For many years I have dreamed of coming to the South Island of New Zealand. Many have referred to New Zealand in general as the best travel country in the world, and the combination of European civilization and alien nature seemed enticing. In the winter of 2017-18, I completed the trip. It turned into two and a half weeks on the North Island and three weeks on the South Island. This is the first part of the story of the trip on the South Island.
The trip goes from Christchurch to Queenstown. Also read about the first part of the journey In the world's best travel country, New Zealand: the beautiful North Island.
Christchurch, the capital of the South Island
Christchurch is the capital of the South Island and is known, among other things, from the movie Heavenly Creatures, directed by a young Peter Jackson and with Kate Winslet in the role of one of two schoolgirls who murder one's mother. The film is based on a real event in the 50s. Both Christchurch Girls High School and Canterbury University, where Kate Winslet's professor father works, have moved since then.
And much else has changed in the formerly very Victorian Christchurch. The city center was almost completely destroyed by the earthquake in 2011, and there is much that has not been rebuilt, and which is left as empty grounds or even still ready for demolition.
24 seconds that changed the city
It was awful 24 seconds back then in 2011 when the city lost its soul. The surrounding suburbs are fairly normal, except for the settlements along the sandy riverbanks that collapsed like house of cards.
But the classic Christchurch is gone, the soul of the city is plunged into dust, and the inhabitants are still struggling with the traumas. The cathedral stands as a ruin as a symbol of what was, and of slowness in determining what to do with it. The bell tower is completely gone, and the nave is open at the rear, stiffened with iron girders. They have sought to hide the tragedy with works of art around it.
I live with a nice lady, Denise, in a house built after the earthquake, where I have rented a small nice studio apartment. She is sweet and will do anything for her guests. Dinner is taken at another fine brewery, Cassels & Sons, where I get four quite ok beers and the atmosphere is good.
First night on a road trip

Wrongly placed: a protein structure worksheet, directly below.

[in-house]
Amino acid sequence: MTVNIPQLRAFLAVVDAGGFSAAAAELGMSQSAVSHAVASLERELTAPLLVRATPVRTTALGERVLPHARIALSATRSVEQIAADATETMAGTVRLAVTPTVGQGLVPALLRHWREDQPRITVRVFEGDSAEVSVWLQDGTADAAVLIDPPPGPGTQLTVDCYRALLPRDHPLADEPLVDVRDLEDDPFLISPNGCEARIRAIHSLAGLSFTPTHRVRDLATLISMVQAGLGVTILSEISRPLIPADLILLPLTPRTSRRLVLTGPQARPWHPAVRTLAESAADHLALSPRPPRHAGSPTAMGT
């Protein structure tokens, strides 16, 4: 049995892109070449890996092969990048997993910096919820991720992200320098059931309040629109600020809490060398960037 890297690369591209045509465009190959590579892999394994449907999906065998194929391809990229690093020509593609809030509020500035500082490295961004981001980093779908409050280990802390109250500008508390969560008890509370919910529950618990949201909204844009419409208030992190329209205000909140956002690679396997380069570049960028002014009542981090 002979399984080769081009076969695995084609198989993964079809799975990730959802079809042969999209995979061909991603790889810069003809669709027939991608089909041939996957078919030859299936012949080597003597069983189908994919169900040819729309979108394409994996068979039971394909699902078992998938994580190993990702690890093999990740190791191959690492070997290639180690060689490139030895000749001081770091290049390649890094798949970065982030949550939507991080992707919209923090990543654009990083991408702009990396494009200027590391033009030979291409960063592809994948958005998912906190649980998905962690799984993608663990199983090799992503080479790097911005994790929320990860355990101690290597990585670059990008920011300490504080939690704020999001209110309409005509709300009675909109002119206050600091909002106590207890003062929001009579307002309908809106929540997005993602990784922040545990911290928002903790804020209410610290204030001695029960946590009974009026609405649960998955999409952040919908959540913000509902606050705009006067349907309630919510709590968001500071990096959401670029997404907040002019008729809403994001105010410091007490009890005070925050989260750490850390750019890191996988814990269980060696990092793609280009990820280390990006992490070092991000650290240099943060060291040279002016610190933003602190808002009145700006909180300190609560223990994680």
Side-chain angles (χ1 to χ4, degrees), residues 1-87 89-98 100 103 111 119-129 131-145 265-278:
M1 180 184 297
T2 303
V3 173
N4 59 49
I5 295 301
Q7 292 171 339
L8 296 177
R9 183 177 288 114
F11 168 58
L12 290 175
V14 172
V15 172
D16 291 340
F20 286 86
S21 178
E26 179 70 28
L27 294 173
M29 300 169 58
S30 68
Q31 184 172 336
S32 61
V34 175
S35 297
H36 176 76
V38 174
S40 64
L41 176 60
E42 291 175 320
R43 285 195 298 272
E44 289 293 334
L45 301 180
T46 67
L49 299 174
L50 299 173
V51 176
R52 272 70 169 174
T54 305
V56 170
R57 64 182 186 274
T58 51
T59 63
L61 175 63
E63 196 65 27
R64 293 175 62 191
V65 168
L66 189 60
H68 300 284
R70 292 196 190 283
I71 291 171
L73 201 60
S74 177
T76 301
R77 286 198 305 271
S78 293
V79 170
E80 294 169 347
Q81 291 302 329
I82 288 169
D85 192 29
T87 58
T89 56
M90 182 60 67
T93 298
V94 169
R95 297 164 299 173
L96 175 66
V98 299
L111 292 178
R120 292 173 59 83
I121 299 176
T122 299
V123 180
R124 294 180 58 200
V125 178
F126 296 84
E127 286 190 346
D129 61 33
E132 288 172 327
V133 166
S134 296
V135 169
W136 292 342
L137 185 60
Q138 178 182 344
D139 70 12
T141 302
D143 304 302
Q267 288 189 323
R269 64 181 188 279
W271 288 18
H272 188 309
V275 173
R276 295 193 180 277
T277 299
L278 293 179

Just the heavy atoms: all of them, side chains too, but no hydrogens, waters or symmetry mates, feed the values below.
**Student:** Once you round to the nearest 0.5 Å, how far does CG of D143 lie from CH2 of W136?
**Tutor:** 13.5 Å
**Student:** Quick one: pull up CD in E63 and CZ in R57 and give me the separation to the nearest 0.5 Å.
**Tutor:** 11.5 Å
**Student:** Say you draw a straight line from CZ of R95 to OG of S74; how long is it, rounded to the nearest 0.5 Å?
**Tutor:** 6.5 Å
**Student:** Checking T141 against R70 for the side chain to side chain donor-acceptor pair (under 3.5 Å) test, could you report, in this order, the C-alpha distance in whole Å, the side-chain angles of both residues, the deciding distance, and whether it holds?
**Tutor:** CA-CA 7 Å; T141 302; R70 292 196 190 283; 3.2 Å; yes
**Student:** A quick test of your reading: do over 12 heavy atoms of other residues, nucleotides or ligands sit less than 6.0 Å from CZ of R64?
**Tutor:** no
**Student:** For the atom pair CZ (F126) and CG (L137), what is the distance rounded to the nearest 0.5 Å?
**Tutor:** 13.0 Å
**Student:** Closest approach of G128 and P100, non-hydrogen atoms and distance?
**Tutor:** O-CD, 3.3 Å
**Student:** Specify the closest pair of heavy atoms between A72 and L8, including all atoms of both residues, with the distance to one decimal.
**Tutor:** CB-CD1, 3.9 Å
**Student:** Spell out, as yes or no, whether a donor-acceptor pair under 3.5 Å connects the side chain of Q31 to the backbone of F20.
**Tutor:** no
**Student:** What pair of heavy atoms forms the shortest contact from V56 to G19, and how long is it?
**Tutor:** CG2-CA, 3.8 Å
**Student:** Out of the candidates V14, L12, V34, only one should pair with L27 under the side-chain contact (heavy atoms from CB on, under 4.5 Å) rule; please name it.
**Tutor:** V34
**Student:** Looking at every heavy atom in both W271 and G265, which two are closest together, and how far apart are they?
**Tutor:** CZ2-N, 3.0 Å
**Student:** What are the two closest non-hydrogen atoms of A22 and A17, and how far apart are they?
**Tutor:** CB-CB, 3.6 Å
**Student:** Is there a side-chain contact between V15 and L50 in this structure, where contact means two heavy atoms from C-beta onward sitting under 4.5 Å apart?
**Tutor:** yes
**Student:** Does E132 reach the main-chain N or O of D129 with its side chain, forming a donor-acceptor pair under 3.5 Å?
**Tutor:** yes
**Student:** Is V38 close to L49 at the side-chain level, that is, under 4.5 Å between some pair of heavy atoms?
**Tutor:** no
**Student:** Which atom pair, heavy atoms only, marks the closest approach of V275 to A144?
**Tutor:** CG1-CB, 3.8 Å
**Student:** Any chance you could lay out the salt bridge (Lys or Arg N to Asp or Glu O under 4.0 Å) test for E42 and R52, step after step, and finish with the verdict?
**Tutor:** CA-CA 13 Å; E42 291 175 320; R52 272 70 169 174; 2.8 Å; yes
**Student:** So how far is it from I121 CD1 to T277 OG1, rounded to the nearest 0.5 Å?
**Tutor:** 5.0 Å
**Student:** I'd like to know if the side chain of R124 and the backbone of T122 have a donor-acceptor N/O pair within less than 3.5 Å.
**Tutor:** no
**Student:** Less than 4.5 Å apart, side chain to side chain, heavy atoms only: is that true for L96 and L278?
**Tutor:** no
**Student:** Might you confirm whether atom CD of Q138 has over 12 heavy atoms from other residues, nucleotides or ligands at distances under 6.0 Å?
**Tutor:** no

The next morning I talk a lot with Denise, who tells me about the earthquake and the time after. It is along the banks of the river that the ground has been loose and the houses have collapsed mostly into gravel. In addition to the city center, the eastern suburbs are hardest hit. Entire neighborhoods disappeared in the quakes, and they still have not been rebuilt.
In the middle of the morning I drive to Canterbury University, where I will meet Donald, a good colleague, and his Danish PhD student Jakob. It will be a long and pleasant professional talk in a newer concrete building named after Karl Popper. Down here, one still pays homage to enlightenment.
Then I take a walk in the city's fine botanical garden and repack the car before driving out of town towards the Banks Peninsula. It's a long walk through sandbanks and out to the peninsula where I take the very beautiful Summit Drive on the edge of an ancient volcano with magnificent views to both sides of the South Island. I spend the night at a nice campsite by the water right next to a pristine bay. It's the first night in the car and I'm sleeping well.
On the road on the South Island
On the way away from there, it continues along Summit Drive on the edge of one of the old craters. Akaroa down by the water turns out to be a cozy town with a nice waterfront with small cute shops and restaurants. At Akaroa Fish and Chips I get a nice portion of green mussels, and then I drive further back towards the mainland.
It is again a winding road where Little River is the only 'town'. Inland, I take a shortcut down to Highway 1, and then I head south and Timaru, which has a nice little Georgian town center with facades.
Furthermore, it goes towards Oumaru, which has an old harbor with industrial buildings that could just as well have been on London's docks in Dickens' time. Here is fine, and one makes a virtue out of exhibiting the many old machines. There are fine antique shops and a large 'mall' with art and whiskey. I drink a 'tasting plank' at Scott's Brewery and get a fantastic pizza with chicken, chorizo, bacon and mozzarella.
The amazing wildlife of the South Island at Dunedin
The next day it goes towards Dunedin along a summery coastal road close to the water and with green slopes reminiscent of the North Sea.
First stop is the famous round stones on the beach at Moriake. No one knows why they are round, but they stand there like something from another planet. They have been here much longer than any of us; the time of the stones is different from that of men. But they seem soft, inviting, you feel like touching them. Some have the shape of turtle shields, others are just completely round.